Then again the same could be said about popular music. Very few of the top song writers or pop artists have gone through higher music education, although it is a field that has been around much longer so in that case one should look at pop music in the 60's, early 70's instead of 80's, early 90's.

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What strikes me is that very few of these individuals reference to any education in programming, graphics, sound, game design or even group management and leadership. Just about all of them were self taught.

The same is true of the UK, when i were a lad in the 1980s they taught BASIC at O level/GCSE with further education leaning towards high level languages and concepts rather than delving down to the metal as game coders needed to with 8- and to a degree 16-bit systems. Those of us with an interest in assembly language back then taught ourselves, usually in groups because it was easier to bounce ideas off each other than learn alone.

 

From about the 1990s onwards until very recently there was no formal programming in UK schools at all, at least not at primary or secondary level; that's pretty much where the Raspberry Pi and more recently the BBC Micro:bit came from, a want to bring programming back into education. i think there were a few universities during those "wilderness years" offering programming as an option but it wasn't commonplace.

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Off-topic, but in Sweden the leading politicians are of the strong opinion that programming should not be teached in primary school. First aim that students can read, write, do simple math, woodworking and crotchet. If they want to try some kid level programming on their spare time, fine but leave school out of it. In particular don't try to merge math with programming (which I agree about) and don't cut down on some other subject to make room for a new one. Those who need to be able to program a computer will learn eventually, it is not a knowledge everyone need to have... or so they say.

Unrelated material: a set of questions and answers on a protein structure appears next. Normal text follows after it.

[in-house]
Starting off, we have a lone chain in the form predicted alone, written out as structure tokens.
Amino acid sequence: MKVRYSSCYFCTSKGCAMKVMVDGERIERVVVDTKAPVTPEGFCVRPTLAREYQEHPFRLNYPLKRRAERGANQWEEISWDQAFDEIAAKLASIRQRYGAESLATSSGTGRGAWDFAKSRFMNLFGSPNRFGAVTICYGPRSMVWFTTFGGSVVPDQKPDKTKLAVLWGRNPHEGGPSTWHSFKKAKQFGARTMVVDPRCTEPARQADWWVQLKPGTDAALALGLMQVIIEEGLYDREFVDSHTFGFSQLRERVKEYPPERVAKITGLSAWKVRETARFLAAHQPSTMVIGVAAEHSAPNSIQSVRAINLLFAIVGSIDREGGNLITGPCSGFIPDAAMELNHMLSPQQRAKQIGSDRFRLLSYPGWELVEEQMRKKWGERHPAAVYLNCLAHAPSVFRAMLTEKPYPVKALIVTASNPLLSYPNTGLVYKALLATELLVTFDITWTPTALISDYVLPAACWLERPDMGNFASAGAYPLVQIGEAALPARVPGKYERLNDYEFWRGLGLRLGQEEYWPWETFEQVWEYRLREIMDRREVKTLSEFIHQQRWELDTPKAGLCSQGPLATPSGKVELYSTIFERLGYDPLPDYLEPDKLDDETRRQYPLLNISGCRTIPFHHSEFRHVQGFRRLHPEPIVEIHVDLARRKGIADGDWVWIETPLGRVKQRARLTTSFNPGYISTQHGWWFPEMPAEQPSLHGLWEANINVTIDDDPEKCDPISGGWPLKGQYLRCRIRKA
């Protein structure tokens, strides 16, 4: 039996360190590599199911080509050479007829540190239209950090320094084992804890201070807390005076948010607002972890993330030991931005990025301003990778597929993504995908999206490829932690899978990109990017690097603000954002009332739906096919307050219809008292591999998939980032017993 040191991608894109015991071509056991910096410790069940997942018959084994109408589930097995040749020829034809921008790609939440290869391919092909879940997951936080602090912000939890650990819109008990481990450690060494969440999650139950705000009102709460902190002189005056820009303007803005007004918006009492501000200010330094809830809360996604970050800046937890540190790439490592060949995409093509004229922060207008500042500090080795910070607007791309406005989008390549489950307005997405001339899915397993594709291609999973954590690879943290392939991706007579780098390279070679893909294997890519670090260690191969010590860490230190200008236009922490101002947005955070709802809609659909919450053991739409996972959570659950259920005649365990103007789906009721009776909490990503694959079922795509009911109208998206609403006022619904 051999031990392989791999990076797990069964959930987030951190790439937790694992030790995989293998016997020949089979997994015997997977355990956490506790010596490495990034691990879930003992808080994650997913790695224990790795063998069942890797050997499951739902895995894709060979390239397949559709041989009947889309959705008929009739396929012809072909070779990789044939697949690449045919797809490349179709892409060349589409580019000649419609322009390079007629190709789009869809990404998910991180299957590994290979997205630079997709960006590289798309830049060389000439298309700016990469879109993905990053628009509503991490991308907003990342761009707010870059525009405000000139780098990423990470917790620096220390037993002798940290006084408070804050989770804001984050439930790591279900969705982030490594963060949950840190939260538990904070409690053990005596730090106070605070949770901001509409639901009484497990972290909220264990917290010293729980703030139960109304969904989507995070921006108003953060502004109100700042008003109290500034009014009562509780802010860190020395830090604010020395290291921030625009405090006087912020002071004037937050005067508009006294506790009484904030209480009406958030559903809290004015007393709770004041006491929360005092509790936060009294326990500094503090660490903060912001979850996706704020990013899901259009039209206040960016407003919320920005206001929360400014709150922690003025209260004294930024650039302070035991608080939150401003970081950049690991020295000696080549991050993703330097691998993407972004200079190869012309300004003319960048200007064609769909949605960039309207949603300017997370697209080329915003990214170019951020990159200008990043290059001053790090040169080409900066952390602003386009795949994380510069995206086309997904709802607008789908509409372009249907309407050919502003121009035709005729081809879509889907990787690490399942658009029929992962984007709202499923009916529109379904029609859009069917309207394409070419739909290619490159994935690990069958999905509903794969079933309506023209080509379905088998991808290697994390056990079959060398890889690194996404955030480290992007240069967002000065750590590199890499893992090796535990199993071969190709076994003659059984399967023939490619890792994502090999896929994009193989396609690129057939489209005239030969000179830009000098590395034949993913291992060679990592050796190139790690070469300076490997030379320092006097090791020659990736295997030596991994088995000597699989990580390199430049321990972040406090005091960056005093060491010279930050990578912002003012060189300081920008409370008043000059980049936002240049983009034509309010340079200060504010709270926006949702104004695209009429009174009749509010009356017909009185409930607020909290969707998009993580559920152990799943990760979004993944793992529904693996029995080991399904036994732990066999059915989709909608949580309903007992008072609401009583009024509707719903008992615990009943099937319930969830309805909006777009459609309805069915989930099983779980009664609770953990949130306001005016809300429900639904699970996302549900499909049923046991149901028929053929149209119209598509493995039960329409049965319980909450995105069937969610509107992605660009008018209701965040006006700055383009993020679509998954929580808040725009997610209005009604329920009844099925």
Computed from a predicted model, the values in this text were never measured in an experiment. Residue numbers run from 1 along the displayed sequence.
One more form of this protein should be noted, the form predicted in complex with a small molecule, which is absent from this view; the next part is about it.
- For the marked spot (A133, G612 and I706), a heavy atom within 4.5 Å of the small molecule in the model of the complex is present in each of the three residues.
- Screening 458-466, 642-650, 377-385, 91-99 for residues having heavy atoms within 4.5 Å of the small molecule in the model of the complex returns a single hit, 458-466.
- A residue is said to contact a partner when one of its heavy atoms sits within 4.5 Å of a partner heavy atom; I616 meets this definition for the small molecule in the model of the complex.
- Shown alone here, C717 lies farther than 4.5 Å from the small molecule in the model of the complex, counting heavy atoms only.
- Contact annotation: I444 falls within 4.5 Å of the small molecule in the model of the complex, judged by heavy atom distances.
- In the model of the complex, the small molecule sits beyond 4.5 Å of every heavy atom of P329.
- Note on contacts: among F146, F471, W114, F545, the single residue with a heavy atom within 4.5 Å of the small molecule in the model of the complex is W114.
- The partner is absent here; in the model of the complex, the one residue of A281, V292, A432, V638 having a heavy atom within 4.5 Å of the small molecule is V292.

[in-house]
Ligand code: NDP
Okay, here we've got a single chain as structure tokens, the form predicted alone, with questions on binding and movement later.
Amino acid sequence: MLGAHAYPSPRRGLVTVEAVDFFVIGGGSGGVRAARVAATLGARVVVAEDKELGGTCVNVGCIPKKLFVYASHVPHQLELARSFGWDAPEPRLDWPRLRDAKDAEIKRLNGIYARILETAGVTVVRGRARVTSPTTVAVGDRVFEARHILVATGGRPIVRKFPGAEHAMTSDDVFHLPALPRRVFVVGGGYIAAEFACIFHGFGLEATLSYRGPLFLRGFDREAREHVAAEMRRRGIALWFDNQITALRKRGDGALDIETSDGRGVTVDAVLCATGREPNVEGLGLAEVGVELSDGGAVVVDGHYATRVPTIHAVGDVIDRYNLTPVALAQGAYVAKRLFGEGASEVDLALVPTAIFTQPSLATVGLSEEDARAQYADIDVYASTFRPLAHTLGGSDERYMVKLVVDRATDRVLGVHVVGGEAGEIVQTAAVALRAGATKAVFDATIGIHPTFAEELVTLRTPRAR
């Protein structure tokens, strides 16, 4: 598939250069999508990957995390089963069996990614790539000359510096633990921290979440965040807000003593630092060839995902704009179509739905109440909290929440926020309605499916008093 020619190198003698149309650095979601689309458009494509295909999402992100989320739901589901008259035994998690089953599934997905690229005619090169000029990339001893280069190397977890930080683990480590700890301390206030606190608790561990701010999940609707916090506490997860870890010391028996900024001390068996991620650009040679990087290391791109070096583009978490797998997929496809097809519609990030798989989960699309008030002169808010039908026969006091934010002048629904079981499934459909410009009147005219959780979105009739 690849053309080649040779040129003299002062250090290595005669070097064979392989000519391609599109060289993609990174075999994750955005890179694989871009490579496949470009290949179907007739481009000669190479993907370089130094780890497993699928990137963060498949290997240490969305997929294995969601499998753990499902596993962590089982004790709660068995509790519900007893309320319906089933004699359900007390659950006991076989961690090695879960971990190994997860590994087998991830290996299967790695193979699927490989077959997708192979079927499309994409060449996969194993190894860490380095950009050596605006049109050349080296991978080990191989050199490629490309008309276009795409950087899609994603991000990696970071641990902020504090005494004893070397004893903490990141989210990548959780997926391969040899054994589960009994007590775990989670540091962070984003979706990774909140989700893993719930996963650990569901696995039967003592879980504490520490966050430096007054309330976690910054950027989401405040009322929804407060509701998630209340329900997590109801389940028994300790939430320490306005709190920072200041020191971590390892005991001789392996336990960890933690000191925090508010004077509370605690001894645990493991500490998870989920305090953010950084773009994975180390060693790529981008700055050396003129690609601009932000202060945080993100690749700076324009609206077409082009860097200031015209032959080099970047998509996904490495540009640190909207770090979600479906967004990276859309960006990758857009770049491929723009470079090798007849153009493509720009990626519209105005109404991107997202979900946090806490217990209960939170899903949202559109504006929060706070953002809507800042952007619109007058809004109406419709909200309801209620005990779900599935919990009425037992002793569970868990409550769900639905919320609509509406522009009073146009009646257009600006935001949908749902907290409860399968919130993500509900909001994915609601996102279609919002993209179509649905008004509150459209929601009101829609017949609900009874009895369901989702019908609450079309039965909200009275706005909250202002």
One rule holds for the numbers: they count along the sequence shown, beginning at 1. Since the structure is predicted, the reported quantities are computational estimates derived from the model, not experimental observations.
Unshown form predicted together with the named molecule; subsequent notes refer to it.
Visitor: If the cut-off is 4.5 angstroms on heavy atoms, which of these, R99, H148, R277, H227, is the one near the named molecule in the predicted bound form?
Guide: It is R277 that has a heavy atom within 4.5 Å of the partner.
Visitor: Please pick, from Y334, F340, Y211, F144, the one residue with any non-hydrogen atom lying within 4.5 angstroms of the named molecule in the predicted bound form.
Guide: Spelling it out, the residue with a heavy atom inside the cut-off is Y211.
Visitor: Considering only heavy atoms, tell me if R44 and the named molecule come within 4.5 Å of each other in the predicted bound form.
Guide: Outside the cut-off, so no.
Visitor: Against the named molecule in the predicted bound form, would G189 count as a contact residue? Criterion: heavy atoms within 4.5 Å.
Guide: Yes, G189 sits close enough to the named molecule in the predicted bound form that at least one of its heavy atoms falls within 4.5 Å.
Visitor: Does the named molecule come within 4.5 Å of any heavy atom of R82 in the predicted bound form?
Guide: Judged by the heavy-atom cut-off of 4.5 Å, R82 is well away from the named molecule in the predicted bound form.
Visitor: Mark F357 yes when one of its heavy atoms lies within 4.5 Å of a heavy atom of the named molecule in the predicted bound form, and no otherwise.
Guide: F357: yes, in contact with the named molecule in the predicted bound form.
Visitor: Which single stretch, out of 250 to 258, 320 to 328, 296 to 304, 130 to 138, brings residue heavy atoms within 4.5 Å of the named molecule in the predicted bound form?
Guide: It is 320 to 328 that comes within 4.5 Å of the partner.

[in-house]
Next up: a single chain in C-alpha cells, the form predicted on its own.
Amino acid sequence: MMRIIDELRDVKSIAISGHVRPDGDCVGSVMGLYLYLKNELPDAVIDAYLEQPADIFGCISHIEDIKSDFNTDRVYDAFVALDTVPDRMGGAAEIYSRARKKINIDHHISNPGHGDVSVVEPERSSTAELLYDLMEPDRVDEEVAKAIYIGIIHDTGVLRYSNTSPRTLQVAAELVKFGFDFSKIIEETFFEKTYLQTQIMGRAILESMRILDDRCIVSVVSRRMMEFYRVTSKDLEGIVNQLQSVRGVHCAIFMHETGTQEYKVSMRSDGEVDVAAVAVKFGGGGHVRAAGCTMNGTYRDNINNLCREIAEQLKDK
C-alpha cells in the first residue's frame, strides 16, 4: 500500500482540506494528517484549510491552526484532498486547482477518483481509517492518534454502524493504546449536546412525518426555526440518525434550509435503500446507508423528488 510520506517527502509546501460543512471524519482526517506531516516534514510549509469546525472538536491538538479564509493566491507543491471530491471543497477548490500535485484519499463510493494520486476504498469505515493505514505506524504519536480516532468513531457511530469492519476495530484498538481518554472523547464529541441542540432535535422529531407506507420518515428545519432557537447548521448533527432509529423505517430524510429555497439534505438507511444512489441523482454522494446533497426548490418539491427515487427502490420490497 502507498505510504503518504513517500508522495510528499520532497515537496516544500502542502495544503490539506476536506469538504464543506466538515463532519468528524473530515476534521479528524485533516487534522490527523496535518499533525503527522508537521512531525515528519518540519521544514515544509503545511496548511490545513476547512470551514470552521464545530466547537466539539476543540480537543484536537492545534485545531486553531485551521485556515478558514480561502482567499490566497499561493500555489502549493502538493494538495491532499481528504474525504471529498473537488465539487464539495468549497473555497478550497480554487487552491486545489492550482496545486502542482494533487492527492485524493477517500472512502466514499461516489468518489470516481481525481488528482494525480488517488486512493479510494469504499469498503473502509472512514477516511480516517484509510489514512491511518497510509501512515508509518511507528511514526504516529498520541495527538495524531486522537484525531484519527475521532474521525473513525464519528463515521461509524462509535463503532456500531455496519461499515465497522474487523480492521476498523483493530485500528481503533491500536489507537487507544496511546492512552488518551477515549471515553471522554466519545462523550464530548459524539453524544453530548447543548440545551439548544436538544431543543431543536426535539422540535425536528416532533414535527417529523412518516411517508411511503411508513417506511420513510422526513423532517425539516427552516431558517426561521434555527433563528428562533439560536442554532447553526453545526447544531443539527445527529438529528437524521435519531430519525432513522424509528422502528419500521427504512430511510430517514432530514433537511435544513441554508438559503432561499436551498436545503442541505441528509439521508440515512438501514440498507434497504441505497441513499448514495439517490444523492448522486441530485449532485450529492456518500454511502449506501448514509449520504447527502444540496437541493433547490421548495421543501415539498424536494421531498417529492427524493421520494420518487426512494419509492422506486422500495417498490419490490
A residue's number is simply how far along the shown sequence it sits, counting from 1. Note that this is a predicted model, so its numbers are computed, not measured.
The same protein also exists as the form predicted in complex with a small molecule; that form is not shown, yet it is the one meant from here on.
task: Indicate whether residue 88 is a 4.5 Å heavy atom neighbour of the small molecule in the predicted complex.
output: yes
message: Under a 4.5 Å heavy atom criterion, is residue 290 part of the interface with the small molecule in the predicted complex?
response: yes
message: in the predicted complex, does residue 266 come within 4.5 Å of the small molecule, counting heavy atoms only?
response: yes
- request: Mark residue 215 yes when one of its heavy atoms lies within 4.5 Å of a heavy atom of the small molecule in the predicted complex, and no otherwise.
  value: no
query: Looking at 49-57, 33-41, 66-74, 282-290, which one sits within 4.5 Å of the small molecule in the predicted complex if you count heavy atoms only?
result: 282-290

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I don't know why anyone would do that. Most of the Amiga friends I know are all NTSC users. I think this notion that Amiga sucks in NTSC land is perpetuated a lot on the other side of the pond and that the Amiga was not popular here and was a dud, which I completely disagree with. They also site very low sales numbers which don't match the facts. There were plenty of great games in the USA and (later) in PAL territories. Way more demos in PAL land though. Way more hardware and software companies were actually in the USA then anywhere if you take a look at the resources available online.

 

 

It takes more then just swapping the "blitter" or Agnus to a 8372A. An 8371 is PAL only and an 8372A is NTSC and PAL, which a Rev 6 A500/A2000 would have most likely come with anyway. I have seen hack articles around that discussed this and how to use a switch and a couple other components to switch between PAL/NTSC on an A500. I think an A2000 has a jumper already. But on an A1200 or A4000 you can easily switch between NTSC/PAL in the early startup menu making those machines great for enjoying everything. Back then we also had PAL boot disks for A500/2000 that more or less allowed you to see the PAL demos at proper speed.